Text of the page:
Although the adhesive and cohesive nature of mussel byssal proteins have long served to inspire the design of materials embodying these properties, their characteristic amino acid compositions suggest that they might also serve to inspire an unrelated material function not yet associated with this class of protein. Herein, it is demonstrated that a peptide derived from mussel foot protein-5, a key protein in mussel adhesion, displays antibacterial properties, a yet unreported activity. This cryptic function serves as inspiration for the design of a new class of peptide-based antibacterial adhesive hydrogels prepared via self-assembly, which are active against drug-resistant Gram-positive bacteria. The gels exert two mechanisms of action, surface-contact membrane disruption and oxidative killing affected by material-produced H2 O2 . Detailed studies relating amino acid composition and sequence to material mechanical adhesion/cohesion and antibacterial activity affords the MIKA2 adhesive gel, a material with a superior activity that is shown to inhibit colonization of titanium implants in mice.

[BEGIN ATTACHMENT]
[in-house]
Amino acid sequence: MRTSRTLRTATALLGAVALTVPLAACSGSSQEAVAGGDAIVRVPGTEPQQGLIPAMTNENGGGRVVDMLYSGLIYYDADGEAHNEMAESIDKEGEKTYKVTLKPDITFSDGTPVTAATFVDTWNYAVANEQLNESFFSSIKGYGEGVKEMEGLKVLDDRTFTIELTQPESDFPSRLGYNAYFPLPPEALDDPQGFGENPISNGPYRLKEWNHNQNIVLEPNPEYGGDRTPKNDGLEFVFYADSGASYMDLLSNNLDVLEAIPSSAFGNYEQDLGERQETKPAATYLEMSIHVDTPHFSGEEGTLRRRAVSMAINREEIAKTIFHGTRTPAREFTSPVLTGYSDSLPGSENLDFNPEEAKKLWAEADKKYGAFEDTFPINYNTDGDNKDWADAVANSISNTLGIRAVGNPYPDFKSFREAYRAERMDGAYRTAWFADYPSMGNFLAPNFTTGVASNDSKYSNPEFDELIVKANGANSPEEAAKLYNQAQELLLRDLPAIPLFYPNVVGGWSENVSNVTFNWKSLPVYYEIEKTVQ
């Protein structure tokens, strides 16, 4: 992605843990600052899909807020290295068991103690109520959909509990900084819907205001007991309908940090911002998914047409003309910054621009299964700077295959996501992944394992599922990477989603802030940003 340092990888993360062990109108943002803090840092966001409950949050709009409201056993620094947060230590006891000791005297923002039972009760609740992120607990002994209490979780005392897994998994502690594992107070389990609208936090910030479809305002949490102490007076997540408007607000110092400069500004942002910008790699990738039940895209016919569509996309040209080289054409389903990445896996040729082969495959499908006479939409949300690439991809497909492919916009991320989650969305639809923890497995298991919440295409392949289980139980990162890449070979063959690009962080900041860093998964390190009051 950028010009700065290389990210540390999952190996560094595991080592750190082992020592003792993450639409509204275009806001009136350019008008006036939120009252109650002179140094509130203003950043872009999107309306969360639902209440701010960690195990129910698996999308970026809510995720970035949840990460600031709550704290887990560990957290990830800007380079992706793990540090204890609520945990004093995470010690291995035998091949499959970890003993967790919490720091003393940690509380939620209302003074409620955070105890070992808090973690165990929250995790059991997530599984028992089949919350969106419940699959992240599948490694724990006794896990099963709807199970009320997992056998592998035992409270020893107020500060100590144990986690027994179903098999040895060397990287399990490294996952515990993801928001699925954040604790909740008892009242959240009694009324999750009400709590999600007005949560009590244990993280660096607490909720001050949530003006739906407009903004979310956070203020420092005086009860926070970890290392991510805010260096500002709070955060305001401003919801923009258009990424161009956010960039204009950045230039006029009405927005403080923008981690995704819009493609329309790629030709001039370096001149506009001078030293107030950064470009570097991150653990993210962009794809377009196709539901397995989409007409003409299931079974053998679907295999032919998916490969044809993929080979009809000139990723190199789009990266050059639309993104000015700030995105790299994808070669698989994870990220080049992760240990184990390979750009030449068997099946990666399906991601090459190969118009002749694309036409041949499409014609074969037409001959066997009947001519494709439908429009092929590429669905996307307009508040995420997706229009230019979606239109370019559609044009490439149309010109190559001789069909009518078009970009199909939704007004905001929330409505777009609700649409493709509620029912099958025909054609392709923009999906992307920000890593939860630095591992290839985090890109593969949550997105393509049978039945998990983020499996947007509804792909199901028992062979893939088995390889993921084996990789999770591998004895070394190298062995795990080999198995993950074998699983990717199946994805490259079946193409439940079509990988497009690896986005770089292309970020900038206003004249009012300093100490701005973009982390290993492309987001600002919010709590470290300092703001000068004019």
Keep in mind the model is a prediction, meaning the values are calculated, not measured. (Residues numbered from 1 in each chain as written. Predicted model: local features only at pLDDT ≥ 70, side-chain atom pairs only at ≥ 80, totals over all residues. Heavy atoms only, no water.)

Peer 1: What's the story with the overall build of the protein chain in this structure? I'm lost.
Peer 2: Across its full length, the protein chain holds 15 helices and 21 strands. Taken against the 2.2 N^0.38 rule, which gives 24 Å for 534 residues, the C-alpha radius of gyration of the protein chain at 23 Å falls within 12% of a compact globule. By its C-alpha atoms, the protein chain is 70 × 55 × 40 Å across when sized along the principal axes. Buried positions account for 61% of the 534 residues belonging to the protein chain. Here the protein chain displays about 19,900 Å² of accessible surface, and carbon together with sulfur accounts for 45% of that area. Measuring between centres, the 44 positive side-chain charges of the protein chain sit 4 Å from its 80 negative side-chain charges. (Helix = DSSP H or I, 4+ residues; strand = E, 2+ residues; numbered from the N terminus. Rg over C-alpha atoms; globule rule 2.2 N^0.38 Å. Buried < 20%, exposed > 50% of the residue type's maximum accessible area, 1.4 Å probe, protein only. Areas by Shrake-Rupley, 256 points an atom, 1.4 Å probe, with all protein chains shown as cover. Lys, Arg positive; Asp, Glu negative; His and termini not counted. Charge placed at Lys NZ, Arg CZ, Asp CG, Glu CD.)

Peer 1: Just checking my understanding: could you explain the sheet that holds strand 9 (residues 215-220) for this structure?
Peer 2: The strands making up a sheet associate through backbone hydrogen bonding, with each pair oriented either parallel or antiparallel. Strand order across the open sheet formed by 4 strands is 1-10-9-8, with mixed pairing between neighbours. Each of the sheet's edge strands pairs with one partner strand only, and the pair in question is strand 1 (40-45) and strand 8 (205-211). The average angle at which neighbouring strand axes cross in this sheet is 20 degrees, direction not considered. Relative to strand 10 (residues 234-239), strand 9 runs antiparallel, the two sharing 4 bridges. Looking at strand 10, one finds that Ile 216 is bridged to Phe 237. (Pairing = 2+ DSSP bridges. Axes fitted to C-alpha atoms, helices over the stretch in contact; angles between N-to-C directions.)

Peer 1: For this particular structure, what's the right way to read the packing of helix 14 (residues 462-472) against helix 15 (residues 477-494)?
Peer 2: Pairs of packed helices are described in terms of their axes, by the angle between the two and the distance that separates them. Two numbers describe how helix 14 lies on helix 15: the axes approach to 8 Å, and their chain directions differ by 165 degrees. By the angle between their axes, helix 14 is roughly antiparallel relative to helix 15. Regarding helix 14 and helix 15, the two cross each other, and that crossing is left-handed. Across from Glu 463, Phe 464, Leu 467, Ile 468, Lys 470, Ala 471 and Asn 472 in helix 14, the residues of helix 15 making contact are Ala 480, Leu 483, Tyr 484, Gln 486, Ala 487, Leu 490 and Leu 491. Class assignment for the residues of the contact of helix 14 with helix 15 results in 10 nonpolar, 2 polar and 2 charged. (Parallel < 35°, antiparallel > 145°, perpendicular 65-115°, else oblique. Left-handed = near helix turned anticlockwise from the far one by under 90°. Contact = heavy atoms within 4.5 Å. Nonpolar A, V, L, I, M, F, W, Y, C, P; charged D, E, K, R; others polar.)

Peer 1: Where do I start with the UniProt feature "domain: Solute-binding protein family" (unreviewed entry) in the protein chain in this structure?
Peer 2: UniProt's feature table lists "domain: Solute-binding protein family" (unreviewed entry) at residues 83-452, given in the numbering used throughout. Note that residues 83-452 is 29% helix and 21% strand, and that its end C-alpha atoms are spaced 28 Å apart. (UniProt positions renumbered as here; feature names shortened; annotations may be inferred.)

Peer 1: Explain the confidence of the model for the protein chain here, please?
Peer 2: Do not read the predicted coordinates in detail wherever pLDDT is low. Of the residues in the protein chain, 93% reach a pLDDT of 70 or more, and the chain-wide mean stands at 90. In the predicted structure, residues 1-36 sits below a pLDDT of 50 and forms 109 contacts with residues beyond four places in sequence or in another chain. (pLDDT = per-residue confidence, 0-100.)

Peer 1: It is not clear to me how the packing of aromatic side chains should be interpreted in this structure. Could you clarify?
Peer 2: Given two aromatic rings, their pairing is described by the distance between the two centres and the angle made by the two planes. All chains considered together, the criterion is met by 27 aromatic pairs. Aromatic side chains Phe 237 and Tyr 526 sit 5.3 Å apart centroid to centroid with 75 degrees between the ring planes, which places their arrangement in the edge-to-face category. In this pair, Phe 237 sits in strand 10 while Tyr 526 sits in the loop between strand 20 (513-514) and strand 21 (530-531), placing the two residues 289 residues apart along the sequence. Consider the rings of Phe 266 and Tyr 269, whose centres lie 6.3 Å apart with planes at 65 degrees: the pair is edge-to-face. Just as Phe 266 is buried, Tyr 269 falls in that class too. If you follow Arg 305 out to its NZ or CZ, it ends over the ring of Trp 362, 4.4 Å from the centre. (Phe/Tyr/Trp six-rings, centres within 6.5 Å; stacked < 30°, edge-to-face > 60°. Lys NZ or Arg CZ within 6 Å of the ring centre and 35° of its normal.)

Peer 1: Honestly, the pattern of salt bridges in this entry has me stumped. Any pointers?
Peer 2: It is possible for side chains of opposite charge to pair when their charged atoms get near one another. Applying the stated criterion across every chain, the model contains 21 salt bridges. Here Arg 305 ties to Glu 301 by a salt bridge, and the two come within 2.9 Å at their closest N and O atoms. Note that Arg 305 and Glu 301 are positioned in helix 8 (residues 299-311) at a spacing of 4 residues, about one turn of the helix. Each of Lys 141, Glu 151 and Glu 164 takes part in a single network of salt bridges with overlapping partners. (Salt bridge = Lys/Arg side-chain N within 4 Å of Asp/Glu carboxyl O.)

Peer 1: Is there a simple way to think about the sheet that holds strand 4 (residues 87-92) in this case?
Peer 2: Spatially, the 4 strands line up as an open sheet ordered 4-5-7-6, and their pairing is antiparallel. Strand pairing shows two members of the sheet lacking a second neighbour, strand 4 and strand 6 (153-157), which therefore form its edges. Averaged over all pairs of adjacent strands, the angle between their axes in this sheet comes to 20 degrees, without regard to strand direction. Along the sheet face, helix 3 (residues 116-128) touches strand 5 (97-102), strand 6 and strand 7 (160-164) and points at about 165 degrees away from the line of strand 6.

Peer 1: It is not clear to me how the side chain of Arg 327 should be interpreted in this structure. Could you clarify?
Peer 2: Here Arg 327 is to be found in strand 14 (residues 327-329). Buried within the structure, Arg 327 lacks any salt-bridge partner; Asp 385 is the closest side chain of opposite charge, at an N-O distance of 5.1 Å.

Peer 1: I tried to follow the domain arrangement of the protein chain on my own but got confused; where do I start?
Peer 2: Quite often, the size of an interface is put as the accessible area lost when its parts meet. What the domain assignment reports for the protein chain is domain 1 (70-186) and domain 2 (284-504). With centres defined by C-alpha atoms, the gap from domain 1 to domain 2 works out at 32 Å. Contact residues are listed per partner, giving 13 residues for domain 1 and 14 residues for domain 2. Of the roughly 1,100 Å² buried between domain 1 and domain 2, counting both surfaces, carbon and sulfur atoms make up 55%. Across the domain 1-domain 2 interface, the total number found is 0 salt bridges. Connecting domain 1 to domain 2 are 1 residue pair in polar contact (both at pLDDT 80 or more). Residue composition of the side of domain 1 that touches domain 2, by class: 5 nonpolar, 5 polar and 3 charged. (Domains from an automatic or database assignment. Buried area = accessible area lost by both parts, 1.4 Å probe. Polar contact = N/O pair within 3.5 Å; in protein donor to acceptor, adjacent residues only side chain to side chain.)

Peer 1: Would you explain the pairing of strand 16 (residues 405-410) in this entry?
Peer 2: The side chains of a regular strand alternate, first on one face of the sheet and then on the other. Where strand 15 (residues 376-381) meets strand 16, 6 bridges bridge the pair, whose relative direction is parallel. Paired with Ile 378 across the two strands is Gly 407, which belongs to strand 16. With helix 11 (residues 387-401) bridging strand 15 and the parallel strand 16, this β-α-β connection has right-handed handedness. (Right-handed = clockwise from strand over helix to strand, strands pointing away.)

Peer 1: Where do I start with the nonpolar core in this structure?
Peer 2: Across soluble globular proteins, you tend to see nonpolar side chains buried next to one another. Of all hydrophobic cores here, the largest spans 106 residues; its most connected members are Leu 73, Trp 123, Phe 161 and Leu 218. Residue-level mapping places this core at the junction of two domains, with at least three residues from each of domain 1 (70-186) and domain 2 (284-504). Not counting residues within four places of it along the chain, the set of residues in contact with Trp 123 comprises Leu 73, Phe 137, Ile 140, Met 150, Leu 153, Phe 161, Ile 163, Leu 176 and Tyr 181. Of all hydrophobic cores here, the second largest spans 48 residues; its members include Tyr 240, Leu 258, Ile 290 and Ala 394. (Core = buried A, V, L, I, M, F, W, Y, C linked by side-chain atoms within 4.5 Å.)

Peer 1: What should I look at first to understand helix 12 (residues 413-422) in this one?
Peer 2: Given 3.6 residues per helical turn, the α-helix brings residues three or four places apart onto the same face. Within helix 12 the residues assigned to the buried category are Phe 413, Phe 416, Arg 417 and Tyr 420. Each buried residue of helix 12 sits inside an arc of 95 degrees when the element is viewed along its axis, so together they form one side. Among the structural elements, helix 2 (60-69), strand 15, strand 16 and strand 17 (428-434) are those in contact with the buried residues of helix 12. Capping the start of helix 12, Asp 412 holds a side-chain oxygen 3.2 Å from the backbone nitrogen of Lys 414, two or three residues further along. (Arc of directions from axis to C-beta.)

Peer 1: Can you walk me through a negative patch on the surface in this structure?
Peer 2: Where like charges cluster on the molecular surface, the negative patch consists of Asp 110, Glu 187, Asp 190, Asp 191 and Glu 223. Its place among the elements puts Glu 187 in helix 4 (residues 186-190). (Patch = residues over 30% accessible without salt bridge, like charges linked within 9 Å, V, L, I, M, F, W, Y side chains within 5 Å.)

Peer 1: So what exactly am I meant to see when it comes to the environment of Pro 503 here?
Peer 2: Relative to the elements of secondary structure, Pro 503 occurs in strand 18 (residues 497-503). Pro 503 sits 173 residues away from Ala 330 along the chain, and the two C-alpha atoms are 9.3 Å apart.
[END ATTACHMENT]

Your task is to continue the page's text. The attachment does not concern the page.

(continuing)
Keywords: antibacterial; bioinspired; hydrogels; peptides; self-assembly.
© 2021 Wiley-VCH GmbH. This article has been contributed to by US Government employees and their work is in the public domain in the USA.